United States District Court, N.D. Mississippi, Oxford Division
B. BIGGERS, JR. UNITED STATES DISTRICT JUDGE
before the court is a motion to dismiss for failure to state
a claim filed by Defendants, The Mississippi Gaming
Commission and Amesha Gross. Upon due consideration of the
motion, response, and complaint, the court is ready to rule.
and Procedural Background
plaintiff, Randy Binning, is a professional gambler from Las
Vegas, Nevada. In April of 2013, Binning allegedly learned
from other casino patrons that keno machines at various
Harrah's casinos were offering better payouts than was
usual. With knowledge of this information, Binning traveled
first to a Harrah's casino in Illinois and played their
machines for a period of approximately eighteen days, winning
a large sum of money. While in Illinois, Binning was
allegedly informed that the Harrah's casinos located in
Tunica, Mississippi, had these same keno machines, and that
they too were paying out unusually high amounts.
soon left Illinois and made his way down to Mississippi.
While in Tunica, Binning played the machines for about four
days and, again, won a significant amount of money. Casino
personnel, however, discovered the unusually large payouts
and disconnected the machines. Because he could no longer
play, Binning departed Mississippi and returned to his home
after disconnecting the machines, casino personnel reported
to the Mississippi Gaming Commission (“MGC”) that
better payouts had been discovered, and that the casino and
Bally Gaming, Inc. (“Bally”), the manufacturer of
the machines at issue, were conducting their own
investigations into the unusual activity. MGC proceeded to
conduct its own independent investigation into the unusual
activity reported by the casino and, as a result of that
investigation, MGC Agent Amesha Gross swore out an affidavit
for Binning's arrest. Consequently, on June 27, 2013, a
warrant for Binning's arrest was issued for the alleged
violation of Section 75-76-301(g) of the Mississippi Code,
charging him with manipulating the keno machines to affect
was eventually arrested pursuant to the aforementioned
warrant on January 4, 2014. Almost a month later, on February
3, 2014, a grand jury in the Circuit Court of Tunica County,
Mississippi, indicted Binning on the charges contained within
the warrant. However, on June 30, 2015, the Tunica County
Circuit Court dismissed the charges against Binning, finding
it was unable to conclude that his actions
“constitute[d] criminal acts under Mississippi law,
” and pointing to the dismissal of similar charges that
had been filed against Binning in Illinois.
a year later, on June 27, 2016, Binning filed the instant
suit. He asserts claims under 42 U.S.C. §1983 against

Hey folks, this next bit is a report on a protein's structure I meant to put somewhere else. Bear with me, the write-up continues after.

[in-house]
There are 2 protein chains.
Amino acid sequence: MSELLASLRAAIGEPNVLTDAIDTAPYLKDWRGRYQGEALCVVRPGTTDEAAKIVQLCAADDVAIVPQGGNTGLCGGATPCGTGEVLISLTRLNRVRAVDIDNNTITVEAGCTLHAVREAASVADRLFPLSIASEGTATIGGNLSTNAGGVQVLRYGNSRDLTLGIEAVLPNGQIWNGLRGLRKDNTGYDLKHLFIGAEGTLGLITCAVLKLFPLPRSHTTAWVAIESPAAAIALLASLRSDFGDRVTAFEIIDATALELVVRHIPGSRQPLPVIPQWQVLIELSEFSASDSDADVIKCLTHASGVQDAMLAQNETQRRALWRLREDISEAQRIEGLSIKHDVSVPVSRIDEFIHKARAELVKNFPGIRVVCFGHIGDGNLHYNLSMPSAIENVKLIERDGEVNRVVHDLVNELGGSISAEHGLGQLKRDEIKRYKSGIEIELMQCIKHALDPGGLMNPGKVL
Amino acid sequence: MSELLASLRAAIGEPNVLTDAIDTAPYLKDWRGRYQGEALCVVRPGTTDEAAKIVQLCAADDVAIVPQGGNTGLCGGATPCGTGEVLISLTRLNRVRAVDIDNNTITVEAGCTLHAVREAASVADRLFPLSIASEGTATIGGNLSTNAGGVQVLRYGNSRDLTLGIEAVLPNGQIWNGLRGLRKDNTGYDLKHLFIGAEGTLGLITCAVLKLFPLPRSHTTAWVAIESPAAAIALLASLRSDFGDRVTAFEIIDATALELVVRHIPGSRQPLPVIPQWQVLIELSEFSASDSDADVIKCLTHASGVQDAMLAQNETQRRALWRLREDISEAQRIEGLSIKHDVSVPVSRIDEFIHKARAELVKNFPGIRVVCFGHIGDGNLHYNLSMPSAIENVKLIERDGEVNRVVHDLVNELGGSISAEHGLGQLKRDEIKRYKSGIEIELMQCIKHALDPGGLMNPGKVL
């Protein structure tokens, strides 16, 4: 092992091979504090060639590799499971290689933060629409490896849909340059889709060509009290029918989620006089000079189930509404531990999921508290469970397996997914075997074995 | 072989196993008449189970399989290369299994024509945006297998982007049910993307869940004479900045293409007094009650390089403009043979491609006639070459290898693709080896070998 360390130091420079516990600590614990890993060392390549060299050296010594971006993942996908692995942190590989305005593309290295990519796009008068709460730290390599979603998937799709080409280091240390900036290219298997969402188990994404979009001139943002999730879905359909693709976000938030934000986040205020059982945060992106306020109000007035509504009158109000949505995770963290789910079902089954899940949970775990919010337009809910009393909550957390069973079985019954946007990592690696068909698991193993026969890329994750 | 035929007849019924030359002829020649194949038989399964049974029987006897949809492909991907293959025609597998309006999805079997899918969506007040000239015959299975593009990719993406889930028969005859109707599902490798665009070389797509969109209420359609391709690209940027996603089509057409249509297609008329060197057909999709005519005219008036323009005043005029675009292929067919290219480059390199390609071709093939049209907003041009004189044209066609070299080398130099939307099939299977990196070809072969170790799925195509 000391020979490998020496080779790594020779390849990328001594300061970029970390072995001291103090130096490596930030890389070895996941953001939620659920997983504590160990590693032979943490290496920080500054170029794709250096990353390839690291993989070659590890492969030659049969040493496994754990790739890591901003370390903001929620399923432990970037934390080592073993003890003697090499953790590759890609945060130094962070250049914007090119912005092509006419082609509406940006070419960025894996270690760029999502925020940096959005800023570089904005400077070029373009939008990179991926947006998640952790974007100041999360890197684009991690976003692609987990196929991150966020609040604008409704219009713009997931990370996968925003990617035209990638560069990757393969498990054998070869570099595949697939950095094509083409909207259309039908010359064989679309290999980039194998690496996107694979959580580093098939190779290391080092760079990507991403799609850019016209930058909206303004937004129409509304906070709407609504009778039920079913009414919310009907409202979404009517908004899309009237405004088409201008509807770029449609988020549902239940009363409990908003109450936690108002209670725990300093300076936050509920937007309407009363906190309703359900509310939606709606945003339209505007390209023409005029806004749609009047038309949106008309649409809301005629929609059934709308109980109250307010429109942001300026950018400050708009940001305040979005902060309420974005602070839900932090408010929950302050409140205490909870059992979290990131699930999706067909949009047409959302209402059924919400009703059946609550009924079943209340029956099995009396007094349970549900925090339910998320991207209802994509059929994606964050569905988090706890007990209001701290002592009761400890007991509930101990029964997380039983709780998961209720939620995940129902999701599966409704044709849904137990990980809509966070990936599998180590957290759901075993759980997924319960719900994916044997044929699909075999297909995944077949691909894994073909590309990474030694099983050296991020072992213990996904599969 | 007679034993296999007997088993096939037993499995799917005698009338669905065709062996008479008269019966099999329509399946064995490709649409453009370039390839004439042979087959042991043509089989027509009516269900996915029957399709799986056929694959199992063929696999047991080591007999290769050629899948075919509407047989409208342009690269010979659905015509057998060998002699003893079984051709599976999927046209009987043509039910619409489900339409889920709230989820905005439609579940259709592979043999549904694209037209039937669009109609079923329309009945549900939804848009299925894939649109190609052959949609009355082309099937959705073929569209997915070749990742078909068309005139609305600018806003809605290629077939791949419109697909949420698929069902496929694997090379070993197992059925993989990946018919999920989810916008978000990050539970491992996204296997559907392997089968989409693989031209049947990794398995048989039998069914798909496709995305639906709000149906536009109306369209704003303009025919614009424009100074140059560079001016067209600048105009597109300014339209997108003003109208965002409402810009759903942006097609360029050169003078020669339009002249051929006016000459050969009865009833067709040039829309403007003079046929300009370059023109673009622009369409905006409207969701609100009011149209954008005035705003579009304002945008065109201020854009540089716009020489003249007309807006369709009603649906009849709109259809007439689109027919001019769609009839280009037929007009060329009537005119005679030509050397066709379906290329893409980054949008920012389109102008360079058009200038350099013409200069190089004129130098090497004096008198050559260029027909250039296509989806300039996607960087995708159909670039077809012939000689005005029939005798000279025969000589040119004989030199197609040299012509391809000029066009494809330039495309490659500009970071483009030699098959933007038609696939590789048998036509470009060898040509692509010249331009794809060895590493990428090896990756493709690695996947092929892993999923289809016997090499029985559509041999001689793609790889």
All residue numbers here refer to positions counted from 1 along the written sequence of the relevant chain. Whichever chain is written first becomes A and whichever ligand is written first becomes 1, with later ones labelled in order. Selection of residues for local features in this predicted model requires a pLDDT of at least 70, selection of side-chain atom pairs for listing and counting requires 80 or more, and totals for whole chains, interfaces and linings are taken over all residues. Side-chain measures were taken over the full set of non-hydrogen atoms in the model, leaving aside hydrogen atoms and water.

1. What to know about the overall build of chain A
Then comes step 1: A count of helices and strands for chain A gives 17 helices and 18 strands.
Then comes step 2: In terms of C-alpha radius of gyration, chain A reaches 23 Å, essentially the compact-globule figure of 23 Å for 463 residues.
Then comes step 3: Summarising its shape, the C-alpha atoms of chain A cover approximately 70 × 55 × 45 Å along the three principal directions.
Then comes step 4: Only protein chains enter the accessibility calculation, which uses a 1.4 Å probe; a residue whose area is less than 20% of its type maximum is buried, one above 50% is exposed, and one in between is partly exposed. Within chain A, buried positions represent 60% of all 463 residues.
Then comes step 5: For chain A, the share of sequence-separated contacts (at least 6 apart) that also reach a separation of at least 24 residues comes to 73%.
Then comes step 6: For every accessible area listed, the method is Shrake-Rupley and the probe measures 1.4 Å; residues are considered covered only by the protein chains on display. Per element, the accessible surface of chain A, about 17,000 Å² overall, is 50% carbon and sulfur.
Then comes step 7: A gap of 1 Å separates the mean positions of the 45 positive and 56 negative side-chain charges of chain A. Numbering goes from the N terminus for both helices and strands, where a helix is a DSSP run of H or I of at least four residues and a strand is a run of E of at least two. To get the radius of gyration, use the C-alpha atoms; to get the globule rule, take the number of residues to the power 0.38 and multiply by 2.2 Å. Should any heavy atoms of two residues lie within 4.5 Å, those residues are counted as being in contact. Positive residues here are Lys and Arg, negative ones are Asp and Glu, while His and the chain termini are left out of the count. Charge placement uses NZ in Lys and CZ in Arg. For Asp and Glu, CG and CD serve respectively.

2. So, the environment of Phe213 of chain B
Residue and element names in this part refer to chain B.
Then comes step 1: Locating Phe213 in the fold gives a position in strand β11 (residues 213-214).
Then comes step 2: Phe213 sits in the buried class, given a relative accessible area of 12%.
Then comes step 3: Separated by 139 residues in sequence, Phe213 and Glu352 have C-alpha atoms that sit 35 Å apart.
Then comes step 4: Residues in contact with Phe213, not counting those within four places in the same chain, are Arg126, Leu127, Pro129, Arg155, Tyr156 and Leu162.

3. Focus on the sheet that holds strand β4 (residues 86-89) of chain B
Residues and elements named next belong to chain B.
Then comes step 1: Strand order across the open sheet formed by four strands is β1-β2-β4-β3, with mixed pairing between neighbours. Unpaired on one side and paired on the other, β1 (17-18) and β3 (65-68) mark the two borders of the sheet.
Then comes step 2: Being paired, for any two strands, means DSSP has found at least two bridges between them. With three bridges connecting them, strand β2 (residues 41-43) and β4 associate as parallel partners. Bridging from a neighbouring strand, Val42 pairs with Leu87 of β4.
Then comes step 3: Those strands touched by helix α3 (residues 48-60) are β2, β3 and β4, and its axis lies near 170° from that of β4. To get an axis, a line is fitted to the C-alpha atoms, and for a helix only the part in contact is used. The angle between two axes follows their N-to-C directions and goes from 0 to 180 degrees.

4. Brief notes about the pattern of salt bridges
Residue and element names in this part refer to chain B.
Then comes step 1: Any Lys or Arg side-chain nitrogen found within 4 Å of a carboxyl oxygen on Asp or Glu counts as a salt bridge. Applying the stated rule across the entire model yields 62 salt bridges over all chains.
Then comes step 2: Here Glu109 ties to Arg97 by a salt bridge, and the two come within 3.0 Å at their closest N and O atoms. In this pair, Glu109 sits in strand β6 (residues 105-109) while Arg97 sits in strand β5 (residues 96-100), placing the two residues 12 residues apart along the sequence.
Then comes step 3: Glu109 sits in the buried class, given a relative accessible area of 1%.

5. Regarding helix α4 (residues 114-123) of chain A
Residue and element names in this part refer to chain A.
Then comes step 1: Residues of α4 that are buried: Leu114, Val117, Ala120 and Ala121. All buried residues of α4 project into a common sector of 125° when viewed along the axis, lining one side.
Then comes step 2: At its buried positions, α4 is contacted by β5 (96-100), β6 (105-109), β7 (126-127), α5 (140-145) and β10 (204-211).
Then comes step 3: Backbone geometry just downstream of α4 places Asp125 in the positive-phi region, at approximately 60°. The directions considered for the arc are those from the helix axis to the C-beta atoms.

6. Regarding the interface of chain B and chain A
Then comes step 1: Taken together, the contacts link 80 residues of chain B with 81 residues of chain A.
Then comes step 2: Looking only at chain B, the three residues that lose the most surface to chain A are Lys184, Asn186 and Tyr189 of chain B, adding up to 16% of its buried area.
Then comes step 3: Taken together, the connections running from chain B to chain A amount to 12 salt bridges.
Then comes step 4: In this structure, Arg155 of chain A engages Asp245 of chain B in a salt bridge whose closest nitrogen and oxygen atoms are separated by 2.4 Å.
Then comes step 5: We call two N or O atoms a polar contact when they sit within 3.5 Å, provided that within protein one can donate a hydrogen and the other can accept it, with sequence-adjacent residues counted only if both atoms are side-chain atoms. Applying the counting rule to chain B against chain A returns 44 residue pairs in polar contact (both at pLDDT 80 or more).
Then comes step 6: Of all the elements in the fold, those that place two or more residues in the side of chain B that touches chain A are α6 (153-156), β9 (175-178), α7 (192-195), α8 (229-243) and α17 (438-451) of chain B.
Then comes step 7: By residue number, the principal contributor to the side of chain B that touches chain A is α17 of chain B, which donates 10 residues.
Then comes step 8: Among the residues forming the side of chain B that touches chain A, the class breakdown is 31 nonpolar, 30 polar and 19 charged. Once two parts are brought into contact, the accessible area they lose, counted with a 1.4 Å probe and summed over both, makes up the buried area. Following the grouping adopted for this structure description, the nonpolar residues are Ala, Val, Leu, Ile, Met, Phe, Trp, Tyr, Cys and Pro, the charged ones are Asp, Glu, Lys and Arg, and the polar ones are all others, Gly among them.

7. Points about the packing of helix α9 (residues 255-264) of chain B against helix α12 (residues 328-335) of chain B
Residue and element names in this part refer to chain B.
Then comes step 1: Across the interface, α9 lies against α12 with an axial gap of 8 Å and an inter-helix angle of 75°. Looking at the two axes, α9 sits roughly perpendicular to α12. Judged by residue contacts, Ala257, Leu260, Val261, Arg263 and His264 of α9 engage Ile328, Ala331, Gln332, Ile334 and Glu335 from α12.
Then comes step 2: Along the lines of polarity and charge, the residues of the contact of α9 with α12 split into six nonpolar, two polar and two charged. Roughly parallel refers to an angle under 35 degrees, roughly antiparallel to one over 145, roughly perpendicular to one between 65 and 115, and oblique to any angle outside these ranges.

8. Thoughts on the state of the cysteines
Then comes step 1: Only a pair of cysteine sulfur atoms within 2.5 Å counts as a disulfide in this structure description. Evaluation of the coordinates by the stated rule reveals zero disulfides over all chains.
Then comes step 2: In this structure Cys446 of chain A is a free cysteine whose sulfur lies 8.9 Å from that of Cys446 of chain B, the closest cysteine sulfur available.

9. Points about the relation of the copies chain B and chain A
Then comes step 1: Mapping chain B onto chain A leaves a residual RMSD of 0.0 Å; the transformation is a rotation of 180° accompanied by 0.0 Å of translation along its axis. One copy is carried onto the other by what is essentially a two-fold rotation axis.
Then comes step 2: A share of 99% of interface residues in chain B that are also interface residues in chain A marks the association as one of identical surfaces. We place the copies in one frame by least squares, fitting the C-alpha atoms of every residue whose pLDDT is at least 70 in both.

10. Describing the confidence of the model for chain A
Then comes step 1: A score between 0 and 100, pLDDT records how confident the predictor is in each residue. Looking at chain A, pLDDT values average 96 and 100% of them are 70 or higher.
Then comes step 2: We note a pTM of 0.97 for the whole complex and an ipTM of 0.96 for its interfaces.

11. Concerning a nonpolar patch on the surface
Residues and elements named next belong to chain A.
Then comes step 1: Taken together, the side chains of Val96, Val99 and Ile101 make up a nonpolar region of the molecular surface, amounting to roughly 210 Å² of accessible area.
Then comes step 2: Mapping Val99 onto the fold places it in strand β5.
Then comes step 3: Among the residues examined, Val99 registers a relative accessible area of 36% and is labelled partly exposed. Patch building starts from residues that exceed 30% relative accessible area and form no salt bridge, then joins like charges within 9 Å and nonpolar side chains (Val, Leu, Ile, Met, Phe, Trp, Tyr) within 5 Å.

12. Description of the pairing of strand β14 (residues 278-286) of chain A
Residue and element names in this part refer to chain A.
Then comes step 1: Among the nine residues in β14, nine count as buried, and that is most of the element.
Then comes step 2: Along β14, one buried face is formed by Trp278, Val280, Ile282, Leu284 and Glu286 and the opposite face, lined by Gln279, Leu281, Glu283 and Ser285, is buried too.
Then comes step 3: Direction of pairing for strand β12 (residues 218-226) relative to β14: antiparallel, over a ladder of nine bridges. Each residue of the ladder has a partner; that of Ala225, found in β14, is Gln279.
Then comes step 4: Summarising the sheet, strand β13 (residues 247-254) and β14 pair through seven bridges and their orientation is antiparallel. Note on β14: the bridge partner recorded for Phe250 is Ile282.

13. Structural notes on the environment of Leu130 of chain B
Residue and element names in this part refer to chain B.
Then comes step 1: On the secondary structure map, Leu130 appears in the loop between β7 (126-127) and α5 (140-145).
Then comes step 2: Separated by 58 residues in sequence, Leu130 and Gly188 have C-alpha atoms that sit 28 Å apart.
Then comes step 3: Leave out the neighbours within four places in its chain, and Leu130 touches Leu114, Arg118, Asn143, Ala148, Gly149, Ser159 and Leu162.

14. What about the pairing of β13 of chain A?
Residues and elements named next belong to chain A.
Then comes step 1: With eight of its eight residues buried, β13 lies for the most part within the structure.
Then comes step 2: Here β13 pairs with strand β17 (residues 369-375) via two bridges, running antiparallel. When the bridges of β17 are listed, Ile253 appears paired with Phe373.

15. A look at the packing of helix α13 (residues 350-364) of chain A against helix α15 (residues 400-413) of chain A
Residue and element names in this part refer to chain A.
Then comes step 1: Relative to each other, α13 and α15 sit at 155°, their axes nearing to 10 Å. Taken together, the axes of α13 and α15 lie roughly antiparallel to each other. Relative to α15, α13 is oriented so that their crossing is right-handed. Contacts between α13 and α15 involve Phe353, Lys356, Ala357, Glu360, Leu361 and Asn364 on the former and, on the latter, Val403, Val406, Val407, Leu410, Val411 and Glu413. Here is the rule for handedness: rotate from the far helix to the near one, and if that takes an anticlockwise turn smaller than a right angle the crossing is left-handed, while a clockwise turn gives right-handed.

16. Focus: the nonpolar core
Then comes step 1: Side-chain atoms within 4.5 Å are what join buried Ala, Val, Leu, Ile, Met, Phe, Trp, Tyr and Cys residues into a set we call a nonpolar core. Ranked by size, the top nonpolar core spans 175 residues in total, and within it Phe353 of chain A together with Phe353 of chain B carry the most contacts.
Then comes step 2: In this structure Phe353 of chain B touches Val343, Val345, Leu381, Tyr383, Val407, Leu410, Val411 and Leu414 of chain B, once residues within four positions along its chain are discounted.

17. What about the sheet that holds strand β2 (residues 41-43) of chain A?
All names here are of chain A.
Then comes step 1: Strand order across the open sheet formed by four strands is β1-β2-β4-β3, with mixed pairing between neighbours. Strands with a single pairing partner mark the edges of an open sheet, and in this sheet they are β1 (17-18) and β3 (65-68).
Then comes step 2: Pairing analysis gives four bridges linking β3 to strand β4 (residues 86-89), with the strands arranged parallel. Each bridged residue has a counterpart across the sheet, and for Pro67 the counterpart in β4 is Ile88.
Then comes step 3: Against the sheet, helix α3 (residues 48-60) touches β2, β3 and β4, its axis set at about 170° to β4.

Gross, contending that she violated his Fourth and Fourteen
Amendment rights due to her involvement in his alleged
unlawful arrest and malicious prosecution. In addition, he
asserts a state law claim for malicious prosecution against
defendants MGC, Gross, Caesars Entertainment Corporation, and
Bally. Defendants Gross and MGC have now filed a motion to
dismiss for failure to state a claim upon which relief can be
complaint must contain a “short and plain statement . .
. showing that the pleader is entitled to relief.”
Fed.R.Civ.P. 8(a)(2). For a plaintiff to survive a Rule
12(b)(6) motion to dismiss, “a complaint must contain
sufficient factual matter, accepted as true, to ‘state
a claim to relief that is plausible on its face.'”
Ashcroft v. Iqbal, 556 U.S. 662, 678 (2009). A
motion to dismiss for failure to state a claim tests both the
legal and factual sufficiency of a plaintiff's complaint.
Id. at 679. Though motions to dismiss are
“viewed with disfavor and [are] rarely granted, ”
the burden rests on the plaintiff to prove her claim should
go forward. Collins v. Morgan Stanley Dean Witter,
224 F.3d 496, 497 (5th Cir. 2000).
her burden, a plaintiff cannot rest merely on “labels
and conclusions” or “a formulaic recitation of
the elements of a cause of action.” Bell Atl. Corp.
v. Twombly, 550 U.S. 544, 555 (2007). Instead, a
plaintiff must demonstrate that facts pleaded allow the court
“to draw a reasonable inference that the defendant is
liable for the misconduct alleged.” Id. at
556. In deciding whether a plaintiff has met her burden, the
court “must accept as true all of the allegations in
the complaint, ” except for those allegations which are
mere legal conclusions. Ashcroft, at 678. Moreover,
the court views all well-pleaded facts in the light most
favorable to the plaintiff. Martin K. Eby Constr. Co. v.
Dallas Area Rapid Transit, 369 F.3d 464, 467 (5th Cir.
2004). Ultimately, a plaintiff's complaint must
“nudge his claims . . . across the line from
conceivable to plausible.” Id. at 680 (citing
Twombly, 550 U.S. at 547).
outset, the court notes that MGC has conceded that its
arguments for dismissal are without merit. Consequently, the
court will limit its analysis to Gross's arguments. In
moving for dismissal, Gross first asserts that she is
entitled to qualified immunity with respect to Binning's
§ 1983 claim. Gross further argues that she is entitled
to immunity on Binning's claim for malicious prosecution
under Mississippi law.